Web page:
As mentioned above, spintronics is about building devices that manipulate the spin of the electron. Therefore, one of the key properties important for spintronic materials is high spin polarisation. Spin polarisation is the degree to which spins are oriented along a specific direction. Different types of materials can produce spin polarised currents as the electrons pass through them. Let P be the degree of spin polarisation of the conduction electrons at the Fermi energy EF.
Where Dup and Ddown are the densities of spin-up and spin-down states at Fermi level, respectively.
For a non-magnetic metal, the conduction bands are the same for spin-up and spin-down electrons. Hence the current passing through has no spin polarisation at zero field, i.e. P = 0. In ferromagnetic materials the spin-up and spin-down are exchange split due to Coulomb interaction, hence depending on the material the current emerging from it will be to some degree spin polarised, i.e. 0 < P < 1. There is also a very interesting class of materials called half-metals. Here there exists a spin gap in the band structure and if the Fermi level is located in the spin gap, 100% spin polarisation can be achieved, i.e. P = 1 at T = 0 K in materials with no SOI. In practice the current emerging from a half-metal is not fully spin polarised but it is to a very high degree and such materials are desirable in spintronic devices.
Zero-moment half metal (ZMHM)
In 1995, a class of magnetic material was envisaged by van Leuken and de Groot, which they called a 'half-metallic antiferromagnet' . Like a half metallic ferromagnet , it was supposed to be fully spin polarized with a spin gap so that electrons of only one spin are present at the Fermi level, but at the same time it would behave magnetically like an antiferromagnet with compensated magnetisation in the ground state. Such materials are insensitive to external fields and demagnetizing effects, yet electronically they resemble a perfect spin-polarized ferromagnetic metal. However, the material is not a true antiferromagnet because the two sublattices are crystallographically inequivalent; It is a ferrimagnet and the sublattices generally have different temperature dependences . Compensation of the ferrimagnetic zero-moment half metal (ZMHM) will only occur at a specific temperature Tcomp The first experimental example of a ZMHM was discovered much later, by Kurt et al , based on electron count in Heusler alloy structures . The compound Mn2RuxGa (MRG) has two equal and oppositely directed but crystallographically-inequivalent, manganese sublattices.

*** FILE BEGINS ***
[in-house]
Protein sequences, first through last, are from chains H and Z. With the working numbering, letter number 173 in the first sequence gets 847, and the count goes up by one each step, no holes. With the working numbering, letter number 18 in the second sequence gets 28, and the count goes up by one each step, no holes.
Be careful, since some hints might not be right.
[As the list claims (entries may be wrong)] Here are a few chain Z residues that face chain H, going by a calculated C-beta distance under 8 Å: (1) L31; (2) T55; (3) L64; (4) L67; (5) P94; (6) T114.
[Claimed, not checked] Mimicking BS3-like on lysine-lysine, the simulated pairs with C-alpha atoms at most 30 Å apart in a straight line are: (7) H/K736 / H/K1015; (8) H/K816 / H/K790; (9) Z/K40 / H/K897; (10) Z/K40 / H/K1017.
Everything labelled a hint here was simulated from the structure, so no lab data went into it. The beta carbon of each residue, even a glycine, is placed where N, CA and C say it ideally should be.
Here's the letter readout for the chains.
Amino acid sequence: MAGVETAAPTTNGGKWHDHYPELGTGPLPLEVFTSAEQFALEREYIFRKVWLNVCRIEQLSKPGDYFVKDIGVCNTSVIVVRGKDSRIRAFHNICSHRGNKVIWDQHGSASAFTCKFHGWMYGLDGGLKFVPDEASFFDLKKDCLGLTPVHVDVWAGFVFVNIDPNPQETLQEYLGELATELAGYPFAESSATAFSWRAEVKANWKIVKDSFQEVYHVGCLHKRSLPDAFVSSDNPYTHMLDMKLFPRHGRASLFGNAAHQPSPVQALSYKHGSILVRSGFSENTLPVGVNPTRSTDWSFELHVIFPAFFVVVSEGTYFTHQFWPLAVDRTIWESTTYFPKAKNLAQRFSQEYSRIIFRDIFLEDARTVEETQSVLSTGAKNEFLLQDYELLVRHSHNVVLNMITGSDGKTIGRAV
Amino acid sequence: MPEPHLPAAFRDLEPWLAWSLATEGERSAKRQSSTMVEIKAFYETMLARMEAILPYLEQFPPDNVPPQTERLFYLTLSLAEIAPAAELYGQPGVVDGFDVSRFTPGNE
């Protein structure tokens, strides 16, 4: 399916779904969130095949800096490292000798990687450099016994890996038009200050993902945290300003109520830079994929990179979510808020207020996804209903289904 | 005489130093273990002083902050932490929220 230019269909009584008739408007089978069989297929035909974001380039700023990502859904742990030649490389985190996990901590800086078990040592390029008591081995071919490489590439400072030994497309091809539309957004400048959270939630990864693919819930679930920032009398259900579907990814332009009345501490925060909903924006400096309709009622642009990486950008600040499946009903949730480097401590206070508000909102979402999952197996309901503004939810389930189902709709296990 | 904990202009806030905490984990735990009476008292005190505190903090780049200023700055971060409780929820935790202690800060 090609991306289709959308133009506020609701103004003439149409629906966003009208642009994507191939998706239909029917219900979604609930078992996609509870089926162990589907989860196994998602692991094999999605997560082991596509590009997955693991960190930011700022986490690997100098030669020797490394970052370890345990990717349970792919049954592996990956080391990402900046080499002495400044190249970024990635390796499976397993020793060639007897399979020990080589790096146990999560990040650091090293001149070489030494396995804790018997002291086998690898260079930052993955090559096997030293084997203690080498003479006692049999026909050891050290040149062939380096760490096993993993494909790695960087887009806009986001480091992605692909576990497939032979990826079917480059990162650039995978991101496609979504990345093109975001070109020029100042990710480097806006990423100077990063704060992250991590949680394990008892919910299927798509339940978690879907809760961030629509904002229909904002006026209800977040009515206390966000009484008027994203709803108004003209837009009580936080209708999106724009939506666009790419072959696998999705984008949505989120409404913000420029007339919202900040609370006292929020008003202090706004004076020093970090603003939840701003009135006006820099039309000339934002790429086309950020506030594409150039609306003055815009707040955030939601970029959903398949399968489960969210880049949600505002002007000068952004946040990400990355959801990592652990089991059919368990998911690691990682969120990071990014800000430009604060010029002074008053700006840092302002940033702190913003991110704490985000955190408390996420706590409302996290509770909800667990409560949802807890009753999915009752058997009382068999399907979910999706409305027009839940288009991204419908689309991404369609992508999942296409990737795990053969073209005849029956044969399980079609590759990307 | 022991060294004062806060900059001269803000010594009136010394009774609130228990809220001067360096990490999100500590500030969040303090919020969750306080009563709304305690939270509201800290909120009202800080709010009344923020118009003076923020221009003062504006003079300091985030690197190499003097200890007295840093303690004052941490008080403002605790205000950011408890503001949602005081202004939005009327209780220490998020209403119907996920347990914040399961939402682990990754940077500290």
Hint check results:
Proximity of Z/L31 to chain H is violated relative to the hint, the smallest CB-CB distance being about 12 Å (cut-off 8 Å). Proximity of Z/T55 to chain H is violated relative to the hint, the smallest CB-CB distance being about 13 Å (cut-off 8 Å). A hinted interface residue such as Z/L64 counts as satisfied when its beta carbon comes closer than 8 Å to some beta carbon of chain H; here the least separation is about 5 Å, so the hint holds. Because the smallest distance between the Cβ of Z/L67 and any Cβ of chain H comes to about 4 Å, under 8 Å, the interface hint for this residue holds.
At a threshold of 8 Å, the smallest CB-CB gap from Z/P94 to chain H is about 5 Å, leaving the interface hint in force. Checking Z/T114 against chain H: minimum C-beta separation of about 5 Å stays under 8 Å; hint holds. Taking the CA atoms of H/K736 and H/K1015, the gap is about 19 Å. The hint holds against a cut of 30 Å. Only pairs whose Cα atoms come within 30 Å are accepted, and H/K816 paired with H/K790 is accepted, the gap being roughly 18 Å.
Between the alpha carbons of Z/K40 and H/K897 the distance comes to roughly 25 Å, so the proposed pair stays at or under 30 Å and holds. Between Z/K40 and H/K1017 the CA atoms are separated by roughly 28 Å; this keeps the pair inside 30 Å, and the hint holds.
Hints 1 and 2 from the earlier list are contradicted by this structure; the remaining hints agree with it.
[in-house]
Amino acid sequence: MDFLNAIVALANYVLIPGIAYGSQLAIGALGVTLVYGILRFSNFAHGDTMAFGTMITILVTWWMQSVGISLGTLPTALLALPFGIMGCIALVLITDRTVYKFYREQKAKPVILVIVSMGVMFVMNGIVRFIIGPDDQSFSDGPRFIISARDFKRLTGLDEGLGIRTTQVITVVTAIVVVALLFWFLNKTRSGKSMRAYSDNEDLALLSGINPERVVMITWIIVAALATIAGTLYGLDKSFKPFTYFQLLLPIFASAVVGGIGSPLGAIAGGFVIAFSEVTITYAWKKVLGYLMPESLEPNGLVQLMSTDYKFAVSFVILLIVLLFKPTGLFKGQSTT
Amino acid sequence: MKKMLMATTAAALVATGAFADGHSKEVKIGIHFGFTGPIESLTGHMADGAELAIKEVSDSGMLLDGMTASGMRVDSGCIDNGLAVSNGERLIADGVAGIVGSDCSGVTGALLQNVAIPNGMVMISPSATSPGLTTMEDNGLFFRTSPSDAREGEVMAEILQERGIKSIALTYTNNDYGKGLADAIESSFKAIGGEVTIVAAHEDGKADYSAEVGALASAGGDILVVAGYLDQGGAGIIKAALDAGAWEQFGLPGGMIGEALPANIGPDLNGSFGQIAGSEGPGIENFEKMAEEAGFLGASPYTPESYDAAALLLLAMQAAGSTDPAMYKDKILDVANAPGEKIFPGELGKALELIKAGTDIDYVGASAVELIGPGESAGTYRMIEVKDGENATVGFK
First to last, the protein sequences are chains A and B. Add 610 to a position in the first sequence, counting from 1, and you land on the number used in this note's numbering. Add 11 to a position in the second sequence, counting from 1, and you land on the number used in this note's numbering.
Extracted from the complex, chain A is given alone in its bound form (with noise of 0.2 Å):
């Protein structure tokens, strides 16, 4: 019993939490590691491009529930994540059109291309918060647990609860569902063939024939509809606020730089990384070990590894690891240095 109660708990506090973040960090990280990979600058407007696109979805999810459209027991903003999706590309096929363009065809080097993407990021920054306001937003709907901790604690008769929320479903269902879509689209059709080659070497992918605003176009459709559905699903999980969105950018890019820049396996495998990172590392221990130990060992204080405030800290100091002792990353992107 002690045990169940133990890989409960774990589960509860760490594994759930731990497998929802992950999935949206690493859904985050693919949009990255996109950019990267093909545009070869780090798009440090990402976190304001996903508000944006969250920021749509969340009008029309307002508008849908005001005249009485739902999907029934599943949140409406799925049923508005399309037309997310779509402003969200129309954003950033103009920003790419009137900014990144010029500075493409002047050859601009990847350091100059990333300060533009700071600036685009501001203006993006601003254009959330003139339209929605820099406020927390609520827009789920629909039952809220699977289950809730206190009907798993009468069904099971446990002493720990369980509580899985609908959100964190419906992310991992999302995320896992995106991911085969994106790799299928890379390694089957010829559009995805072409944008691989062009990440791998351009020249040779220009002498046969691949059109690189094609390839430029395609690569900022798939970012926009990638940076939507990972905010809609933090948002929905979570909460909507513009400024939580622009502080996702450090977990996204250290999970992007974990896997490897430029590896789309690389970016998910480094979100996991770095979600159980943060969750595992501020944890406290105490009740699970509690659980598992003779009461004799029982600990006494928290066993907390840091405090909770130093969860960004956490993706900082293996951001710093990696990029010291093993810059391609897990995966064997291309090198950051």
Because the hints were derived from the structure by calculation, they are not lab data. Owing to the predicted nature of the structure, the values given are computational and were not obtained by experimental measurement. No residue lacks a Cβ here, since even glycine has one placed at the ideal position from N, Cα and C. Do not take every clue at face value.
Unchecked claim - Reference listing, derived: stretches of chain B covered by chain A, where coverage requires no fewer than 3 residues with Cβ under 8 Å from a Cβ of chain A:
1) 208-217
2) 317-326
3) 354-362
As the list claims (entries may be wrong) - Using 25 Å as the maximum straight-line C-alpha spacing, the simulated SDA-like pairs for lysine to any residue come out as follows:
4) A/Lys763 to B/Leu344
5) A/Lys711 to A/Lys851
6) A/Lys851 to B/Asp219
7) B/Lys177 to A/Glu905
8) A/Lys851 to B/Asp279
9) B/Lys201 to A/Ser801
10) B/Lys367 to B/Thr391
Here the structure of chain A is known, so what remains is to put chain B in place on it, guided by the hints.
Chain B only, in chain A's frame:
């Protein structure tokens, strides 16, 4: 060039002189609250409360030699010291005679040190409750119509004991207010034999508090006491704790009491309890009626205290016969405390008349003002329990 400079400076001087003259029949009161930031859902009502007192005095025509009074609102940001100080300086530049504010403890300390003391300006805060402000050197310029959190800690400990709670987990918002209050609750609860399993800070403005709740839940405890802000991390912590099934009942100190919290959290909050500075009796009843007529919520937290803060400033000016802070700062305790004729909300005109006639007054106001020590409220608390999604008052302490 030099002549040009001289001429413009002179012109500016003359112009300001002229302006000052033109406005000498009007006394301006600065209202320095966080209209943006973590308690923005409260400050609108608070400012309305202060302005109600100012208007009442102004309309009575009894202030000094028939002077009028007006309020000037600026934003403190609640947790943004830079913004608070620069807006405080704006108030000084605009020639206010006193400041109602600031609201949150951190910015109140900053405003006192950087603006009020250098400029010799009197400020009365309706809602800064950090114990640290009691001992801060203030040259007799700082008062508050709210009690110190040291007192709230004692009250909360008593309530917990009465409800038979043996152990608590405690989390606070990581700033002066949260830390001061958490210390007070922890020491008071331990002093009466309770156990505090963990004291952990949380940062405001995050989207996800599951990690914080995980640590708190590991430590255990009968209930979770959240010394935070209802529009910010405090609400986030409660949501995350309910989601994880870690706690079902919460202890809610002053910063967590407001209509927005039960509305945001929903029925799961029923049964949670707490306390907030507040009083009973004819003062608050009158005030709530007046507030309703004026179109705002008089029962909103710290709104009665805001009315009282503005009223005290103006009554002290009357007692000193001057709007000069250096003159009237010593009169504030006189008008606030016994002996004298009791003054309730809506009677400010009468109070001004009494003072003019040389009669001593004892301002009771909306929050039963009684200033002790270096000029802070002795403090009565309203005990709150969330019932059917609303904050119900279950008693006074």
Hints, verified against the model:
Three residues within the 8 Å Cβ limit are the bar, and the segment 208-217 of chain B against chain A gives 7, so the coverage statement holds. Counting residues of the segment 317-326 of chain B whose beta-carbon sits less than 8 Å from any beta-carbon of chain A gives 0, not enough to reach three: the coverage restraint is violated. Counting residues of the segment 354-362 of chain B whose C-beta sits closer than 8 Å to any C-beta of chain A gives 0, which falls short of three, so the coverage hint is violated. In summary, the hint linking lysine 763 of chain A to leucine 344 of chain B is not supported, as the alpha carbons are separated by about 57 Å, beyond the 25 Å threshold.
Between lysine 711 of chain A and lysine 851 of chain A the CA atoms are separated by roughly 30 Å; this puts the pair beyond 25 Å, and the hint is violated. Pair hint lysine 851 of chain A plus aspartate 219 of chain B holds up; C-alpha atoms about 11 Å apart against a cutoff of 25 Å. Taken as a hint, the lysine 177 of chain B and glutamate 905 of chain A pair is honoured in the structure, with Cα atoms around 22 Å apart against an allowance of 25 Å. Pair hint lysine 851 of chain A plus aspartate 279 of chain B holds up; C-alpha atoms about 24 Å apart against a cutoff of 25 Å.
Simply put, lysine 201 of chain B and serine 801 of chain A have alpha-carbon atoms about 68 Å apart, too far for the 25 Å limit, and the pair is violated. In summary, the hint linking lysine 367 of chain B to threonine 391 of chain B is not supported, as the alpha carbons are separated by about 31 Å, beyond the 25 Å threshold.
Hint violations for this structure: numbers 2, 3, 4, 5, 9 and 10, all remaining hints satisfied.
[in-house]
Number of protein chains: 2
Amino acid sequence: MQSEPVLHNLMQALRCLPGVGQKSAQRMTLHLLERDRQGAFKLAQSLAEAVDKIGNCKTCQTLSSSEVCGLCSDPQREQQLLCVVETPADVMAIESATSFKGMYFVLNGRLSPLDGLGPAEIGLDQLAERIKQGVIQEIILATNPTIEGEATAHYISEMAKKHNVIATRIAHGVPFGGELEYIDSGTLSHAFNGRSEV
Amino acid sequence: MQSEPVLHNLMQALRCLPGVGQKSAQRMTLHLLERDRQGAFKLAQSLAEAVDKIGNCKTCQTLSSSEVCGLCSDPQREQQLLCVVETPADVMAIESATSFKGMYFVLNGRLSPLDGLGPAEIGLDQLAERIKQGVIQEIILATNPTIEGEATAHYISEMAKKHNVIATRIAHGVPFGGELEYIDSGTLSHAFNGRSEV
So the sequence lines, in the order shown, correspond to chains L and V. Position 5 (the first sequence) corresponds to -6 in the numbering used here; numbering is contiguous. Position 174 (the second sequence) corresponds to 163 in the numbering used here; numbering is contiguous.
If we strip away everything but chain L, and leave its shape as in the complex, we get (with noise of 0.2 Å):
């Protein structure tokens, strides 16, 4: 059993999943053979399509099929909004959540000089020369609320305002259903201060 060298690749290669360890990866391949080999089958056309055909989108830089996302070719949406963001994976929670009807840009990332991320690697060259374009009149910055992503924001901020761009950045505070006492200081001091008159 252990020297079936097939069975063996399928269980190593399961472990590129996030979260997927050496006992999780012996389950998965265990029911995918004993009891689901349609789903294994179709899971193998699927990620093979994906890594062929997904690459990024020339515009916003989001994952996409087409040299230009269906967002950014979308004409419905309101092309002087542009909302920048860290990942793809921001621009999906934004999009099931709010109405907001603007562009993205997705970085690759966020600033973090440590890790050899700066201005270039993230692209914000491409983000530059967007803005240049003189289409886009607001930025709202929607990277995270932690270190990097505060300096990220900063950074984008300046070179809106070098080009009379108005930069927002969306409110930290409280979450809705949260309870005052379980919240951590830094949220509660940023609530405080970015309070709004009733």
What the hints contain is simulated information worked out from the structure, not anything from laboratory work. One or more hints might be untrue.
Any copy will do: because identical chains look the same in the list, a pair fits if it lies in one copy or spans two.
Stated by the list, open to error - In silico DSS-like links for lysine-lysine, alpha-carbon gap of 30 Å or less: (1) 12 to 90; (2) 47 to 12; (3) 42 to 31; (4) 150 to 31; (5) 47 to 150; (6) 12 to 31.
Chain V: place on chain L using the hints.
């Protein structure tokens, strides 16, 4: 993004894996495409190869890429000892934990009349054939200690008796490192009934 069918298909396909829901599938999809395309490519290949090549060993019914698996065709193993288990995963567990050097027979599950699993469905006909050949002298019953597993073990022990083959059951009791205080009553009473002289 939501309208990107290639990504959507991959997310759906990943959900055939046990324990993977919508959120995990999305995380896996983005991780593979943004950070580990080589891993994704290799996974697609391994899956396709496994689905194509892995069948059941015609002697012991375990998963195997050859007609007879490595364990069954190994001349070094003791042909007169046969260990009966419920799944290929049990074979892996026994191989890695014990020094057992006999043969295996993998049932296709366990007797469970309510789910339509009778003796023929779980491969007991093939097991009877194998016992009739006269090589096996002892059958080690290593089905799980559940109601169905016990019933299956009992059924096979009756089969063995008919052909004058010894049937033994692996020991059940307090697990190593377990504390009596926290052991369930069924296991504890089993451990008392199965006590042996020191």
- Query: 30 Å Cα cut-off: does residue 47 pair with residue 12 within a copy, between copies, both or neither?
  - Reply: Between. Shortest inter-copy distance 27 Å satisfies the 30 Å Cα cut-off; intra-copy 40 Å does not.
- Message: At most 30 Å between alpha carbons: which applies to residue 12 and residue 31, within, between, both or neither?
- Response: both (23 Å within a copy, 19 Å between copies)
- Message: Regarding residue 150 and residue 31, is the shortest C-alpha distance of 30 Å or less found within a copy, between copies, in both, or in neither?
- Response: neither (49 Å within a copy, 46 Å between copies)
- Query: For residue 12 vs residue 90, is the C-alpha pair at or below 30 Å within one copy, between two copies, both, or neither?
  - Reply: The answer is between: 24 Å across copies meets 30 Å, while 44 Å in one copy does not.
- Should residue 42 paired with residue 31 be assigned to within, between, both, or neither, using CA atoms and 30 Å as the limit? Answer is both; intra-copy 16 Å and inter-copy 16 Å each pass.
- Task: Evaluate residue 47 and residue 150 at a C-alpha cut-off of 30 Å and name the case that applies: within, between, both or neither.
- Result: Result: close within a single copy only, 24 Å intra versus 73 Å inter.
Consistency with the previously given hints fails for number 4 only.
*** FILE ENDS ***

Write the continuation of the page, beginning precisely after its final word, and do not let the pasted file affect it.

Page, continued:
The crystal has an inverted L21 structure as shown in Fig.2. The Mn atoms at the 4a and 4c sites form the two sublattices that are responsible for the magnetism of the material. The moments of each sublattice have different temperature dependences, with the Mn4a moment remaining roughly constant up to room temperature and the Mn4c moment decreasing with increasing temperature . This leads to compensation of the net moment at Tcomp where the moments are equal in magnitude, but opposite in direction. The temperature can be tuned by changing the concentration of Ru, where lower Ru concentration causes a lower Tcomp, but also by substrate induced strain or the presence of Ga antisites . Films of MRG grown on MgO (100) substrates exhibit perpendicular magnetic anisotropy (PMA) due to a small 1 % tetragonal elongation induced by biaxial substrate-induced strain. The electronic band structure exhibits a spin gap and it is the 4c sublattice that predominantly contributes spin polarized conduction electrons at the Fermi energy.
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 Structural and magnetic transitions in cubic Mn3Ga, Journal of Physics: Condensed Matter P. Kharel and et al.,Journal of Physics: Condensed Matter, vol. 26, no. 12, p. 126001, 2014.
 The zero-magnetization heusler ferrimagnet, Journal of Physics: Condensed MatterM. Hakimi and et al.,Journal of Applied Physics, vol. 113, no. 17,p. 17B101, 2013.
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 SMn3-xGa (0 < x < 1): Multifunctional thin film materials for spintronics and magnetic recording, Journal of Physics: Condensed Matter H. Kurt and et al., Physica Status Solidi, vol. 2344,pp. 2338-2344, 2011.